Well, we all know what the word nutrient means, right? That’s like generally, people think a nutrient is a compound that provides some positive benefit in the body, right? Nutritional benefit. Phyto means plant. So this word, phytonutrient, is interchangeable with another word, phytochemical. So plant-based chemicals, plant-based compounds. And we use the word phytonutrient to imply, really to narrow that down from just any random chemical found in a plant to the chemicals found in plants that are actually beneficial for us. And so, because some plants have, are poisonous. So like I wouldn’t call poisonous mushrooms, I wouldn’t call that compound a phytonutrient. But there’s actually no official number of phytonutrients. Tens of thousands, perhaps hundreds of thousands, but there are many, many compounds in plant food that you can not get from animal food. It’s only in plants that have known anticancer benefits in the body, known immune boosting, immune supportive benefits, known detoxification benefits and known nutritional benefits. And so the obvious things are like, “Oh, your vitamins and minerals,” right? Everybody knows those are pretty important. And we heard things in school about certain vitamins and minerals that you need for optimal health. But beyond that, there are unique compounds like, garlic has a compound called allicin. And allicin is arguably the most potent anticancer compound in the plant kingdom. Curcumin is a compound found in tumeric root, another incredible anticancer compound. Resveratrol, another one found in grapes. Querciten is a phytonutrient found in apples and onions and other plant food. Apigenin is an incredible, just unbelievable anticancer compound. And it’s found in the highest concentrations in parsley but also found in celery and chamomile. So, green tea has EGCG, a known anticancer compound, and I can go on and on, right? There’s, look, they’re not talking about this stuff on the news, right? And on major media, I mean, it’s a little too geeky and people aren’t really interested in that unless they’re sick. And then, but when you’re sick and you start to look at the research and so I’ll jump ahead in my story. Obviously I got, well, I did find a team. I found a naturopathic doctor and an integrative oncologist to work with, and they supported me in my journey.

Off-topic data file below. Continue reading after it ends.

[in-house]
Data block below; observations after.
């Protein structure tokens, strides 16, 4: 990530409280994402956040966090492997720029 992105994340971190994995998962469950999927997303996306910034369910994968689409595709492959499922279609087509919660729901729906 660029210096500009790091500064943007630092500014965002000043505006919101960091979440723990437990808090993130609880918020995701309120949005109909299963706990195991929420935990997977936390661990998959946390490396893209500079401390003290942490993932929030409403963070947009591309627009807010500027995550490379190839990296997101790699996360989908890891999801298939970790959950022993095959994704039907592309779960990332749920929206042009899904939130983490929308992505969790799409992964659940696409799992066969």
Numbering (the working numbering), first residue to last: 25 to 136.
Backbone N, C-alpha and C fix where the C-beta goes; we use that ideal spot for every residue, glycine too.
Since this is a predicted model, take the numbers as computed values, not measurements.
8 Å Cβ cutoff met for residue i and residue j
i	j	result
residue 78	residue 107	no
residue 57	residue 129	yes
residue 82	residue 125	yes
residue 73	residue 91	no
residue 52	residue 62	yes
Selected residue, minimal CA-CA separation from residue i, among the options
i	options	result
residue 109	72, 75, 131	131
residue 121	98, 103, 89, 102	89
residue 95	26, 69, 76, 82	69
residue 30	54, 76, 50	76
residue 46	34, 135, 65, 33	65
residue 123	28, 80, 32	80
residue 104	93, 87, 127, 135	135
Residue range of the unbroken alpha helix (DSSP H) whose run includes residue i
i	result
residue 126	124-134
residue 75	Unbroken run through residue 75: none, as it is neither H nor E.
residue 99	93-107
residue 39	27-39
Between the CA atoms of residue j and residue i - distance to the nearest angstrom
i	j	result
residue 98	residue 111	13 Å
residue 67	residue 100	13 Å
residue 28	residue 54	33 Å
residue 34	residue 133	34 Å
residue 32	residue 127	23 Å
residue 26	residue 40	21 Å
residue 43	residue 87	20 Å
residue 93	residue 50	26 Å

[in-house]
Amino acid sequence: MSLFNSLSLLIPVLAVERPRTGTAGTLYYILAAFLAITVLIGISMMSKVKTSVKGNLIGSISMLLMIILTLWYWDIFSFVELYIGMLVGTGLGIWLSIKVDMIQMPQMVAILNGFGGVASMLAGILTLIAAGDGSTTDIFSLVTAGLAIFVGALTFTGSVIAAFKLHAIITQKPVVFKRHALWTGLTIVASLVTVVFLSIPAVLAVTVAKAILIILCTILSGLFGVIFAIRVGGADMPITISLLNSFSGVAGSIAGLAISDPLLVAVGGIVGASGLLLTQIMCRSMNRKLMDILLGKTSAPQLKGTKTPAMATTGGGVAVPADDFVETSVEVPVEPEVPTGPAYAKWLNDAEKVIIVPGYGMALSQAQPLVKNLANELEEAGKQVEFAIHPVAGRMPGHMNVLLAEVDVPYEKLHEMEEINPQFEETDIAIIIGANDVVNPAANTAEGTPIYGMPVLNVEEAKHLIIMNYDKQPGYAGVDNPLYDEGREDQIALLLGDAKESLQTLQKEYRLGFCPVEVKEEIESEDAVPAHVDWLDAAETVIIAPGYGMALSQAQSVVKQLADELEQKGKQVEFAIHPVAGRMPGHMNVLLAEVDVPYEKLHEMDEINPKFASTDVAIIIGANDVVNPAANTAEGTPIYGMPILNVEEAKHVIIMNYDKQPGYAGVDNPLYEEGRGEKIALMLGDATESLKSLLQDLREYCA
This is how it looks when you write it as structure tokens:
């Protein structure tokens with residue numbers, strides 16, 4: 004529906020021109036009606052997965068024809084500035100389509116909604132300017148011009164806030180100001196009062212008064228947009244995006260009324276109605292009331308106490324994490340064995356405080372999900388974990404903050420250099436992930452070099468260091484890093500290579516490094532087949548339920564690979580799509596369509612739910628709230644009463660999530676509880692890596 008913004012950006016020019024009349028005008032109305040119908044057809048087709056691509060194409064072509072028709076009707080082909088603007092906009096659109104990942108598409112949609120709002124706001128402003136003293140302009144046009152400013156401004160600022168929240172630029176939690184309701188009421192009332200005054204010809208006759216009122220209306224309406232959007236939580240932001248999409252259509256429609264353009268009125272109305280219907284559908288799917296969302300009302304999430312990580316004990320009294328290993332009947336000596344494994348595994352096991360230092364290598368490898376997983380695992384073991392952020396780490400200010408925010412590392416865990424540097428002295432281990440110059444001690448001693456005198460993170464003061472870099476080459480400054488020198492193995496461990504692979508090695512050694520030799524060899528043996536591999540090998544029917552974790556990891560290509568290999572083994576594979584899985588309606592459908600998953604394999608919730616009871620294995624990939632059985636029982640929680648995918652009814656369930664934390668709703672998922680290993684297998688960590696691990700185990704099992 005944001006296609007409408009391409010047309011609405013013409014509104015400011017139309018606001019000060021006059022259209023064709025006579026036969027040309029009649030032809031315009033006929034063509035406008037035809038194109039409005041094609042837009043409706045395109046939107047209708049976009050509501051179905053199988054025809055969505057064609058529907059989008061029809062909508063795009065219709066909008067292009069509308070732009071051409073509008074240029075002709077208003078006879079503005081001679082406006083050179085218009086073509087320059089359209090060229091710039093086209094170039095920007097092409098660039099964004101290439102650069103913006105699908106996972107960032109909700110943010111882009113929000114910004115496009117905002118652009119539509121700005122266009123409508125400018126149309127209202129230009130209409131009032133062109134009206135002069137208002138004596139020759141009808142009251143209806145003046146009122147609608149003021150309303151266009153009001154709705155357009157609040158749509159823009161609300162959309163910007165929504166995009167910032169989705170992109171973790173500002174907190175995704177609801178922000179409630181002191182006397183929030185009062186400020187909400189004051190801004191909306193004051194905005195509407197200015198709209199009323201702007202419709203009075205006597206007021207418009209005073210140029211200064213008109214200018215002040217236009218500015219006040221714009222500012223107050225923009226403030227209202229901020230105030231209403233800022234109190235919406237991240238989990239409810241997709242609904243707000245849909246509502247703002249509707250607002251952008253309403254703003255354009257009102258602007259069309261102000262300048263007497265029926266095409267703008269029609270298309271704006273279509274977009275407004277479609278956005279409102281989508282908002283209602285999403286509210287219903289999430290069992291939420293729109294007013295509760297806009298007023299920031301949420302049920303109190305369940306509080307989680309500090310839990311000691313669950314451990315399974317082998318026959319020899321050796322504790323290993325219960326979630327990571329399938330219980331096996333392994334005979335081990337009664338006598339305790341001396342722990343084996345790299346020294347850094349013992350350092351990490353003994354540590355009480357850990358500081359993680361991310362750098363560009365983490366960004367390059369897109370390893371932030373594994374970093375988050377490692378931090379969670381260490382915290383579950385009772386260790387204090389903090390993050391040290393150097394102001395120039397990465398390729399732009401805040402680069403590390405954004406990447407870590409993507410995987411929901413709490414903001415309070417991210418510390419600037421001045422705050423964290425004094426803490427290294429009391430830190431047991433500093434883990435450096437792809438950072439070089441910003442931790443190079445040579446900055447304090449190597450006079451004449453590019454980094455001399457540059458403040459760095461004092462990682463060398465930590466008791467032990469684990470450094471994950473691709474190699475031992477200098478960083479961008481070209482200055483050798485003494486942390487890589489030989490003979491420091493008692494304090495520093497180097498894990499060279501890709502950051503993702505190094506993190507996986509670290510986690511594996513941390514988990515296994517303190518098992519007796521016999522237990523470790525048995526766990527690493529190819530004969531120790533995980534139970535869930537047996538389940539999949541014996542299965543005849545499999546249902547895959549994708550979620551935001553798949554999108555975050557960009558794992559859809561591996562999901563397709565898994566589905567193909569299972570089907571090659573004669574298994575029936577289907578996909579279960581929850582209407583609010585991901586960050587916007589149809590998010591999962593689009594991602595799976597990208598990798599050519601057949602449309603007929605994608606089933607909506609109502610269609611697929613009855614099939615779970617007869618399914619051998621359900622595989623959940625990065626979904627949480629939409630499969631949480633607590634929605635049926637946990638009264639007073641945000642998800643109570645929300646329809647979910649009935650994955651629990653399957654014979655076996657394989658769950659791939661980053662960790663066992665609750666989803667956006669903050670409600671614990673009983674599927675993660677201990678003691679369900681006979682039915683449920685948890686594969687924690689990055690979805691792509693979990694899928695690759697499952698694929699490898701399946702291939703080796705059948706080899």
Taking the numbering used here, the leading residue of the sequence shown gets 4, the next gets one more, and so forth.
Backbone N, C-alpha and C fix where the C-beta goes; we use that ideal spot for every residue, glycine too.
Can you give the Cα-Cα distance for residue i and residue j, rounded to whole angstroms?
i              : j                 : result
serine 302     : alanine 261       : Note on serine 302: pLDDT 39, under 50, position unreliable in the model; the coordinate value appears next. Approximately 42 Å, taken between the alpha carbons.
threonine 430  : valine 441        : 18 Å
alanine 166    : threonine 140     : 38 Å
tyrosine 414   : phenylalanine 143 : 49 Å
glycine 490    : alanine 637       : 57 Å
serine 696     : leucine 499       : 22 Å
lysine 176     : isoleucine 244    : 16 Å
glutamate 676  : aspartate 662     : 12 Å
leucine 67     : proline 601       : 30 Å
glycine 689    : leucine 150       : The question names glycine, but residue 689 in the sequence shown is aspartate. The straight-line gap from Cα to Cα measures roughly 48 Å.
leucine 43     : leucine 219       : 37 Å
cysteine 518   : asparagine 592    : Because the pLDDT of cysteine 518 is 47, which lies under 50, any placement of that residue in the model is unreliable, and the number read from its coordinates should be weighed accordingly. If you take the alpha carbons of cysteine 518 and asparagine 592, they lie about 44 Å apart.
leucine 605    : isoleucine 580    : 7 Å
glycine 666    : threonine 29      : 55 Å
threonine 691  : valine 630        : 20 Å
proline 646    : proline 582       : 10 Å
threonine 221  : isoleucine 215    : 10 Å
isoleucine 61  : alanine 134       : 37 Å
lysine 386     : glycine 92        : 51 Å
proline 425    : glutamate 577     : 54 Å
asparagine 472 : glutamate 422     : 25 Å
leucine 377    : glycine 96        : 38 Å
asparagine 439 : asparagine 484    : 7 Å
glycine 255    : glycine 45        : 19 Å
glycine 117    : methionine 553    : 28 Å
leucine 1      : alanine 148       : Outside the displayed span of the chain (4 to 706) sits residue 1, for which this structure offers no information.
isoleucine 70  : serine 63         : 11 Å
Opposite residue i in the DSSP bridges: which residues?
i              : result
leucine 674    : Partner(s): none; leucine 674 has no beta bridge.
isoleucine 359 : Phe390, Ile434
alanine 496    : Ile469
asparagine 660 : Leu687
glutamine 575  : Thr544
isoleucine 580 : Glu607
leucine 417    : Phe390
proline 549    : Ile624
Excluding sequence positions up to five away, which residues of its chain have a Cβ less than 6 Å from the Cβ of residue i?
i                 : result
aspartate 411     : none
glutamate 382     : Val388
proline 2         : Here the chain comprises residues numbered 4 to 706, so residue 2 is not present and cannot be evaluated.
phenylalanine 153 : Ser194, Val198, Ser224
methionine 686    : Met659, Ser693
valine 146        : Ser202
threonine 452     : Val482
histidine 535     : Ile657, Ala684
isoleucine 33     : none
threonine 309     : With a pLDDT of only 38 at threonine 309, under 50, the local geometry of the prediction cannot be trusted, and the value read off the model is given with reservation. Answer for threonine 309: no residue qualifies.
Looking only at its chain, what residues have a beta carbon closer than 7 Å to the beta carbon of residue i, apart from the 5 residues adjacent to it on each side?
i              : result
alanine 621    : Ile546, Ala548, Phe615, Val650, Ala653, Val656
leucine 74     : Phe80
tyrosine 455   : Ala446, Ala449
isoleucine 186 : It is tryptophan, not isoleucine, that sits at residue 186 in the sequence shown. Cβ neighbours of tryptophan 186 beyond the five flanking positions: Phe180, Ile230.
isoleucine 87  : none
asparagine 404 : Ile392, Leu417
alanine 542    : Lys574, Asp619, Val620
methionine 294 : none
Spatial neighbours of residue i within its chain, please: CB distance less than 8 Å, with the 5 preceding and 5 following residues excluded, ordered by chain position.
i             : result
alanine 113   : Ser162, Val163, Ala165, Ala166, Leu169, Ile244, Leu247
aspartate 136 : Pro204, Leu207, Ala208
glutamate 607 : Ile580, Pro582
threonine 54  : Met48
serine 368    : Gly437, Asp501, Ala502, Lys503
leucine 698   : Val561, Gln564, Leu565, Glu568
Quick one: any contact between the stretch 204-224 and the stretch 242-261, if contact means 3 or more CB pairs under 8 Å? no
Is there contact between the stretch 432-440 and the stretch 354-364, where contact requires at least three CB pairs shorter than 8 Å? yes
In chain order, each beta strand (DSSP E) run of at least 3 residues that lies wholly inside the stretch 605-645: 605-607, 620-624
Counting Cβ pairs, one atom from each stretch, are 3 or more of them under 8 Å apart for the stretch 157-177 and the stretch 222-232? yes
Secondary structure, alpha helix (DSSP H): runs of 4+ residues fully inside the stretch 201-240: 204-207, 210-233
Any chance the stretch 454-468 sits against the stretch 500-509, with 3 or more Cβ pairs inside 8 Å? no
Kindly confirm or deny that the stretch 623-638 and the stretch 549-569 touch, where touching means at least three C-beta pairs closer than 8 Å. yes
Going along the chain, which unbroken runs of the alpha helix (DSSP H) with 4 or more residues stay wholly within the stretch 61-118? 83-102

Chris Wark: (35:00)
And six years after I got well, I started blogging just to share my story. Chrisbeatcancer.com. But when I started blogging, I realized, “Okay, I know what I did. I can explain exactly what I did, but I don’t know if what I did was just a fluke. Was I just lucky? Like, is there any science to support that the food I was eating was actually helping me heal?” And that’s when I started geeking out on nutritional science and reading studies. And then the whole world opened up to me because I realized there were so, volumes, right? Volumes and volumes, reams of studies. I can’t even read them all. It’s too many. But even the ones that I have read over the last 10 years and many of them, of those, of my favorite studies I talked about in my books, are what has informed me. And they, it really helped me connect the dots and realize, “Okay, almost everything I did helped me in a number of ways. And now I understand why.”
Chris Wark: (36:09)